The potentially historic storm set to batter the Northeast has raised a lot of questions about cancelled flights. Before this whole thing is done, we could see 10,000 flights grounded. So what *are* your rights?
Your rights when a flight is cancelled
The reality is when an airline cancels a flight due to weather or mechanical problems, they don’t have to do anything for you. Nothing. So it pays to be aware of what’s up before you go to the airport and get stranded there!
About 70% of air travel in the United States is controlled by 3 full-fare airlines. They each have so many different flight hubs around the country. So you want to see if you can get rerouted through another hub that’s not impacted by the storm corridor.
But ultimately, this is one of those situations where if you don’t have to go anywhere near the Northeast, then you shouldn’t!
Airlines are given a wide berth to draw up their contracts however they wish. They only have a responsibility to take your money. Everything else is on you. So while you have to pay the full-fare airlines a fee if you need to change a flight, they don’t have to pay you anything if they change a flight. It is a stacked deck.
In general, you never want to book the last flight of the day. Because if anything goes wrong, you could be stranded overnight. Nor should you book the first flight of the day because it will be impacted if something went wrong last night. The best hours to fly are 9-5. That may not fit your schedule, but those are the best hours.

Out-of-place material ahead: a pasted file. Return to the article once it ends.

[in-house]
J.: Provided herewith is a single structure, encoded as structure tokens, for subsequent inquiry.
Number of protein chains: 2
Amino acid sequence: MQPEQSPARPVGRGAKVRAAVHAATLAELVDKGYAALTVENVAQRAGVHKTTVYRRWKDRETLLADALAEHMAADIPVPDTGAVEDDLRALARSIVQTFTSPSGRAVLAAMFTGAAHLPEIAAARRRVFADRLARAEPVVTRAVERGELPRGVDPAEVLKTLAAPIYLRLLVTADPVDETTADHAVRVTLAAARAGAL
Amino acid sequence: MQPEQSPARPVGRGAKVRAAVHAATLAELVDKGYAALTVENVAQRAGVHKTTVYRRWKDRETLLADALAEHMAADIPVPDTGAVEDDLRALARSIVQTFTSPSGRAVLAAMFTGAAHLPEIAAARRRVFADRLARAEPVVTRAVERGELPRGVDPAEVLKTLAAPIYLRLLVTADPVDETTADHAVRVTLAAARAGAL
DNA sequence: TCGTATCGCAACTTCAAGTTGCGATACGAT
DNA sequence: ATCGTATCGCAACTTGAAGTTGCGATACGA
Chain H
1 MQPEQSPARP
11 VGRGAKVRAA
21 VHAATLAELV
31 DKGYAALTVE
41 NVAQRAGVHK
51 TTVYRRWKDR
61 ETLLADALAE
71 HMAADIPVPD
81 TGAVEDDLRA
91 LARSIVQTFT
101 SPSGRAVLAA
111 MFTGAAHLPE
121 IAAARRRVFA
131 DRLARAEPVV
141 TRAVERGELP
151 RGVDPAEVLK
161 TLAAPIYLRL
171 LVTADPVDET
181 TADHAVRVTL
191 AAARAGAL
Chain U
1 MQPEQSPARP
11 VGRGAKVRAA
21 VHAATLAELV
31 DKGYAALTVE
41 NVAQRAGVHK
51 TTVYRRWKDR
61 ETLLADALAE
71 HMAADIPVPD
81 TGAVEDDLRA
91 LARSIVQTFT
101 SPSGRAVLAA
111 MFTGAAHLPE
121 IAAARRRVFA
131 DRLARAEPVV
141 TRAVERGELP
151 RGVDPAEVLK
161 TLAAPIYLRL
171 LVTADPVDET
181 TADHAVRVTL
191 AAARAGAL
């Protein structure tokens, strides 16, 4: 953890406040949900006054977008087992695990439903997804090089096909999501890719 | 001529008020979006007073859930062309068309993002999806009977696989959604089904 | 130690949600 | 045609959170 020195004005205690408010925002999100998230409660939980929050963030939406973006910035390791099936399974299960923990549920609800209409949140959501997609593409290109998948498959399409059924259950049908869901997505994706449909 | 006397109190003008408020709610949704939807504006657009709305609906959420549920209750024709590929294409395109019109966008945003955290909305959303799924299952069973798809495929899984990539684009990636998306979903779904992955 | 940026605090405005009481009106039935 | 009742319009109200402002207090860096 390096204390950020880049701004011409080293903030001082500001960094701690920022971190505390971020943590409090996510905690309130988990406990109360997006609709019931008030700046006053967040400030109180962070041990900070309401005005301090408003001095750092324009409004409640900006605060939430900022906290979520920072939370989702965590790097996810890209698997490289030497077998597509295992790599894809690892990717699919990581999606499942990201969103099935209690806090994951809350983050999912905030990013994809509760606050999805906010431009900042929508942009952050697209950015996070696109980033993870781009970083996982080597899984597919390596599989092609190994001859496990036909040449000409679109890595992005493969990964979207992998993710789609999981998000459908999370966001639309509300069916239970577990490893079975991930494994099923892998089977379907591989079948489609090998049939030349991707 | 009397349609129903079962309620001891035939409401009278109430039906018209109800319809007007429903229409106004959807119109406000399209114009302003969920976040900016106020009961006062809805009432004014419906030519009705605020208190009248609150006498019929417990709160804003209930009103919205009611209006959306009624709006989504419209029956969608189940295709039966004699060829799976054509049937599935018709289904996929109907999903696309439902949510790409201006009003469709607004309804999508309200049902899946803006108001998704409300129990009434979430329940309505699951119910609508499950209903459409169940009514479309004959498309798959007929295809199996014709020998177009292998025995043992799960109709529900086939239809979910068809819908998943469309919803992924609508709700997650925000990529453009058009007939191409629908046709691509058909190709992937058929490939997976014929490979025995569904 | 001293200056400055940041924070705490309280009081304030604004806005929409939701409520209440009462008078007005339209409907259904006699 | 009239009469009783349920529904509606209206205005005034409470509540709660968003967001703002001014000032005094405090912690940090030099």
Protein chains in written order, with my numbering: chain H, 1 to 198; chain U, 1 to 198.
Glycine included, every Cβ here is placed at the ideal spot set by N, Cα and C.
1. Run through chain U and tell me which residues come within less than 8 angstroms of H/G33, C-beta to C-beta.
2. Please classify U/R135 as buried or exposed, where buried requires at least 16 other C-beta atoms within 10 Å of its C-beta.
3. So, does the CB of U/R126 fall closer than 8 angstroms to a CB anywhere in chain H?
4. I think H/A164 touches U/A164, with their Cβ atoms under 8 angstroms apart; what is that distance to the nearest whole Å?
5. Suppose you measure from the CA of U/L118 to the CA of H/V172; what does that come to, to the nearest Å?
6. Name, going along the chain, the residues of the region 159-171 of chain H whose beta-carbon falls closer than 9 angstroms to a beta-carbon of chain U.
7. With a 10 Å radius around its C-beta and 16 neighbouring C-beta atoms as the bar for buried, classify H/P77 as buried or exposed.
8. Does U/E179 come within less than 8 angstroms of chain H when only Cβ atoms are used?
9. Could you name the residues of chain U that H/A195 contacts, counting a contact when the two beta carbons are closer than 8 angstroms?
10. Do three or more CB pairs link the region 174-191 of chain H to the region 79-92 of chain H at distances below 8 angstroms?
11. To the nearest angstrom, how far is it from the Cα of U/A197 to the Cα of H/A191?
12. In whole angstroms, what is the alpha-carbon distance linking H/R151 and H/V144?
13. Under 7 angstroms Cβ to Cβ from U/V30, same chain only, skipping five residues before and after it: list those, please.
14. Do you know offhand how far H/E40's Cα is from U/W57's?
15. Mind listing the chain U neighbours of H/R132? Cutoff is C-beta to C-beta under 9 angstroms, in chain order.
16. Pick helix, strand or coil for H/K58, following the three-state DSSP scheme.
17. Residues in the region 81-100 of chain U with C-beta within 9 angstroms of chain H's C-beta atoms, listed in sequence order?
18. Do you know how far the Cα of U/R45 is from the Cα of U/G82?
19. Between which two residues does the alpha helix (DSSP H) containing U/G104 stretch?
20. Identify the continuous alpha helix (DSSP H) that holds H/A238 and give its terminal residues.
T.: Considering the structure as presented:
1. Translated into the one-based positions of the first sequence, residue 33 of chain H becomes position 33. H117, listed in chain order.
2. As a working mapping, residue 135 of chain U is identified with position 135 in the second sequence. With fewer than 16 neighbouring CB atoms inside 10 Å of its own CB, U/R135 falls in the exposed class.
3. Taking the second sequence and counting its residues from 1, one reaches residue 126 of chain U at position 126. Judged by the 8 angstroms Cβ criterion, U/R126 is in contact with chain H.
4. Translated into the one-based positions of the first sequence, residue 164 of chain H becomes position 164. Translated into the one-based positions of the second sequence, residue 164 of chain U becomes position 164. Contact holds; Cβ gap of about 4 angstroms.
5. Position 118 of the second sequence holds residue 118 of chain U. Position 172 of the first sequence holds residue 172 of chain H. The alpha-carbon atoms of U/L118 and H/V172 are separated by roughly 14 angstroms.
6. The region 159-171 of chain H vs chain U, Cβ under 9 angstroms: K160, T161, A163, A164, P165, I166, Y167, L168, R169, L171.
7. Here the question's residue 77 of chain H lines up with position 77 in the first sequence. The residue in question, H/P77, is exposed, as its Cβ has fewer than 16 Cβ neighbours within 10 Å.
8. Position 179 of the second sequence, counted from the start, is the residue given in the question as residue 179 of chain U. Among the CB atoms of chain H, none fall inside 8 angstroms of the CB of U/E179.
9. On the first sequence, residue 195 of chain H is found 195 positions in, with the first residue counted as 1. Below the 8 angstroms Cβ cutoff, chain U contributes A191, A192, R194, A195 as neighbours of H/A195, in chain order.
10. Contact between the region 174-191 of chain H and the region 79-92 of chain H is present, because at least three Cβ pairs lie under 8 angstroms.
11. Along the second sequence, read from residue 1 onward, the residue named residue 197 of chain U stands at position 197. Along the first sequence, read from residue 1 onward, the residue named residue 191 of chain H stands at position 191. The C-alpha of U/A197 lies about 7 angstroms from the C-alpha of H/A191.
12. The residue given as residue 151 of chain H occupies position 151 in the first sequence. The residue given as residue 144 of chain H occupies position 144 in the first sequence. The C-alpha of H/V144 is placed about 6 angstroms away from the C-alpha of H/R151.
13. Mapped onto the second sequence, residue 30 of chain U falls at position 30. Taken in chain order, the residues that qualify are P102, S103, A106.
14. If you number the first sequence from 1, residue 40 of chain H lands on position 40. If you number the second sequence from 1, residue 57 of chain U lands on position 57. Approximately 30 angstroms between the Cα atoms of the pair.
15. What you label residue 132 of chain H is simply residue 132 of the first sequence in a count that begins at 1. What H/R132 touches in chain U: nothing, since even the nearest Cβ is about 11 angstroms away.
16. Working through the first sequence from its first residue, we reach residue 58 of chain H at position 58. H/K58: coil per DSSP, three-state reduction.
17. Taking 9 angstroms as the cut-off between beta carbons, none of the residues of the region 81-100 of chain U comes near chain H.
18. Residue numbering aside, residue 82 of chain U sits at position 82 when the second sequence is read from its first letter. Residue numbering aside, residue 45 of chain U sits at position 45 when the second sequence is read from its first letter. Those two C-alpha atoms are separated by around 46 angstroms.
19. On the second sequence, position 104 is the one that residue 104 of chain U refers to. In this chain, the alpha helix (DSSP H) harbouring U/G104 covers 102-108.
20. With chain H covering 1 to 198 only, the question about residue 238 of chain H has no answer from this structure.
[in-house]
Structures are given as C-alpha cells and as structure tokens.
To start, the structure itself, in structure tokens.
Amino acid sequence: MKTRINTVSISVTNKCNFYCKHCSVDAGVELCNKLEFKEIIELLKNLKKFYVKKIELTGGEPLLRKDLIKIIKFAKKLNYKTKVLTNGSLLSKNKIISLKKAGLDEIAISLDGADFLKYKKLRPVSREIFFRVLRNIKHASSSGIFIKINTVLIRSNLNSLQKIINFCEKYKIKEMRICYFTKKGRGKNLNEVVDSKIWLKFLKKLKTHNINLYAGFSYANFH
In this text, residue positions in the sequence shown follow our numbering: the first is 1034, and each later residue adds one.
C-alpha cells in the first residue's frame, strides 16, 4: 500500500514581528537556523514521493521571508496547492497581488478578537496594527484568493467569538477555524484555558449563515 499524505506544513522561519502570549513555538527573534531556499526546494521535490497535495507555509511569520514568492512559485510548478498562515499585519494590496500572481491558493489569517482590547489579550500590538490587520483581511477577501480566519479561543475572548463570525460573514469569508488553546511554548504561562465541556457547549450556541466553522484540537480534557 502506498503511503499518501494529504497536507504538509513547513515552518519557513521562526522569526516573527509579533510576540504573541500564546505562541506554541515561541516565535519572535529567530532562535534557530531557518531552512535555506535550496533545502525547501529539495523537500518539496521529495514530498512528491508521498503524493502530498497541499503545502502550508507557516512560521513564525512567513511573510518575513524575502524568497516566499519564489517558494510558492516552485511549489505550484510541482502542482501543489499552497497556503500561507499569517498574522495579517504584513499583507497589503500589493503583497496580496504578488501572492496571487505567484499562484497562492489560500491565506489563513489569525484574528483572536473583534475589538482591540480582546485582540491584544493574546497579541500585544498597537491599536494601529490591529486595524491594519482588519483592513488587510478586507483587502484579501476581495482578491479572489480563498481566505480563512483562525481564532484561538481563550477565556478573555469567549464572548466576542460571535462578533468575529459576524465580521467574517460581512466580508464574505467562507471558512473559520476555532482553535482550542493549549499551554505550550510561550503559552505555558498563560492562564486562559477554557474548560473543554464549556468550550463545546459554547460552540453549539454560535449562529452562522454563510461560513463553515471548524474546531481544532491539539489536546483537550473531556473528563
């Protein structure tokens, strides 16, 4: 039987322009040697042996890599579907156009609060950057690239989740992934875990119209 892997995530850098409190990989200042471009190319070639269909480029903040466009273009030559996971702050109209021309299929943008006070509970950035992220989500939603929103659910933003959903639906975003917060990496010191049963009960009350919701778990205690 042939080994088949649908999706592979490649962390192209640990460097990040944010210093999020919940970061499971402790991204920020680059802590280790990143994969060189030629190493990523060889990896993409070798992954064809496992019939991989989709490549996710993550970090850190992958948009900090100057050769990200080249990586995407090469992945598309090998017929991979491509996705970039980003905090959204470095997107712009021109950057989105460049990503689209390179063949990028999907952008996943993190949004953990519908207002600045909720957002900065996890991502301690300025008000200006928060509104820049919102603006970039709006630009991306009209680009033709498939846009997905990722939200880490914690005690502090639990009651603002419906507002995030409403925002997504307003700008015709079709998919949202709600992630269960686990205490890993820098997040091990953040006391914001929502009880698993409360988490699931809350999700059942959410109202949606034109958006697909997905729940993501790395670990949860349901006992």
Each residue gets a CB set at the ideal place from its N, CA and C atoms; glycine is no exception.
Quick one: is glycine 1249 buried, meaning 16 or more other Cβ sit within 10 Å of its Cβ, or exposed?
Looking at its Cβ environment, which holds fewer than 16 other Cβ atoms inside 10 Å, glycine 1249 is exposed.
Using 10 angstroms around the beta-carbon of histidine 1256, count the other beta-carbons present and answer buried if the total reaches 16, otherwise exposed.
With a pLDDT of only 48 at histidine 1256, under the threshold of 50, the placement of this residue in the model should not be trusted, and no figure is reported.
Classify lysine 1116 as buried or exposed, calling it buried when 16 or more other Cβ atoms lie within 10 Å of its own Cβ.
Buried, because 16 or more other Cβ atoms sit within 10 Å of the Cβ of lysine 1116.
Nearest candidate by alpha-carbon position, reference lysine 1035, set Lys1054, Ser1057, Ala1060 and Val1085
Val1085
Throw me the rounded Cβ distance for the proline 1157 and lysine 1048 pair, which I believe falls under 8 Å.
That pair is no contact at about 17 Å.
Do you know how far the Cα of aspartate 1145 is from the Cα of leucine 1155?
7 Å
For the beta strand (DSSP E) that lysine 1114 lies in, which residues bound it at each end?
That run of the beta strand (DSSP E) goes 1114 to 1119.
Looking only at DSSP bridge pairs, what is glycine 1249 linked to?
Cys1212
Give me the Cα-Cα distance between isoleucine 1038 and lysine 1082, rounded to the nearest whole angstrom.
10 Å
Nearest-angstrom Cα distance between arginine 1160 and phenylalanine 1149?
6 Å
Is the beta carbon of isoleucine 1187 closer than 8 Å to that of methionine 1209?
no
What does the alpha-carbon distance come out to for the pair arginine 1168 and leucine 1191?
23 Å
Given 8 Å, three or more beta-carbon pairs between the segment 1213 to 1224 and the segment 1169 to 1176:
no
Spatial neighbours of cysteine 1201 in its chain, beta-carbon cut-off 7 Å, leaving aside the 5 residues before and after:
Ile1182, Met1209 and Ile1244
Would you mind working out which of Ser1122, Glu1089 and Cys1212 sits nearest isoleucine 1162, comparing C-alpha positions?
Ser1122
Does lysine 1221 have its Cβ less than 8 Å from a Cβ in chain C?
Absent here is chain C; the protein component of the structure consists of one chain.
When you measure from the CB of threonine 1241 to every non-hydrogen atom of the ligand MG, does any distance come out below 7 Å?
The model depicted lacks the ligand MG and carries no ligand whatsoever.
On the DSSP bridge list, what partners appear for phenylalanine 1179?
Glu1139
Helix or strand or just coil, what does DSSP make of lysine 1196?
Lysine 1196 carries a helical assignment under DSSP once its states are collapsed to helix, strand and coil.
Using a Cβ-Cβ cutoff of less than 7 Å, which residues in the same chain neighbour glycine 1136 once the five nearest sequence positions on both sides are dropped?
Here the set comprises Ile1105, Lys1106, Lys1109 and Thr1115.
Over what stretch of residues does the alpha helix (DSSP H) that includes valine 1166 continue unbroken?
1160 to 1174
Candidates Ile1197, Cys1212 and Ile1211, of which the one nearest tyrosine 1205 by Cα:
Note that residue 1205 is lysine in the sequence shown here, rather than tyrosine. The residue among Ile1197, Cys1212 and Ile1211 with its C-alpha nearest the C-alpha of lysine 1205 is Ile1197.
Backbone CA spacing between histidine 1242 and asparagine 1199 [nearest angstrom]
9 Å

Whenever there’s a storm, your first responsibility is to be safe. I always find it funny when something impacts the tri-state area that the media coverage is outsized because all the news operations are based there. They think because they care about, you should too. But the reality is if you’re not traveling into or out of the Northeast, this storm will not have a significant impact on your life.
If you’re ever in a situation where you book a flight way in advance and there is a schedule change, you need to fight for re-accommodation or a refund. It’s reasonable to expect a full refund if your nonstop suddenly becomes a changeover and you find out well in advance.
You’ve got to stand up for yourself and assert your rights.
Your rights when bumped from a flight
Have you ever been bumped from a flight? There are some things you should know in order to maximize your compensation.
Airlines will typically offer a guaranteed seat on any flight to the highest level members of their frequent flyer program. That means they are going to be asking for volunteers willing to give up a seat.
The offers vary by airline. If you are a volunteer, it will be free tickets or a voucher for a dollar amount like a gift certificate. But many airlines restrict the way you can redeem those vouchers. So if it’s a choice between a voucher and a certificate for future travel, take the certificate.
If you are involuntarily bumped from a flight, they are required to give you cold, hard cash if you ask. It will be up to 400% of what you paid for your ticket, with a hard cap of $1,200. That’s if you are forced off the flight to accommodate a frequent flier.
That’s when it’s a case of show me the money!
Read more about your rights as an airline passenger at the Aviation Consumer Protection Division of the US Department of Transportation.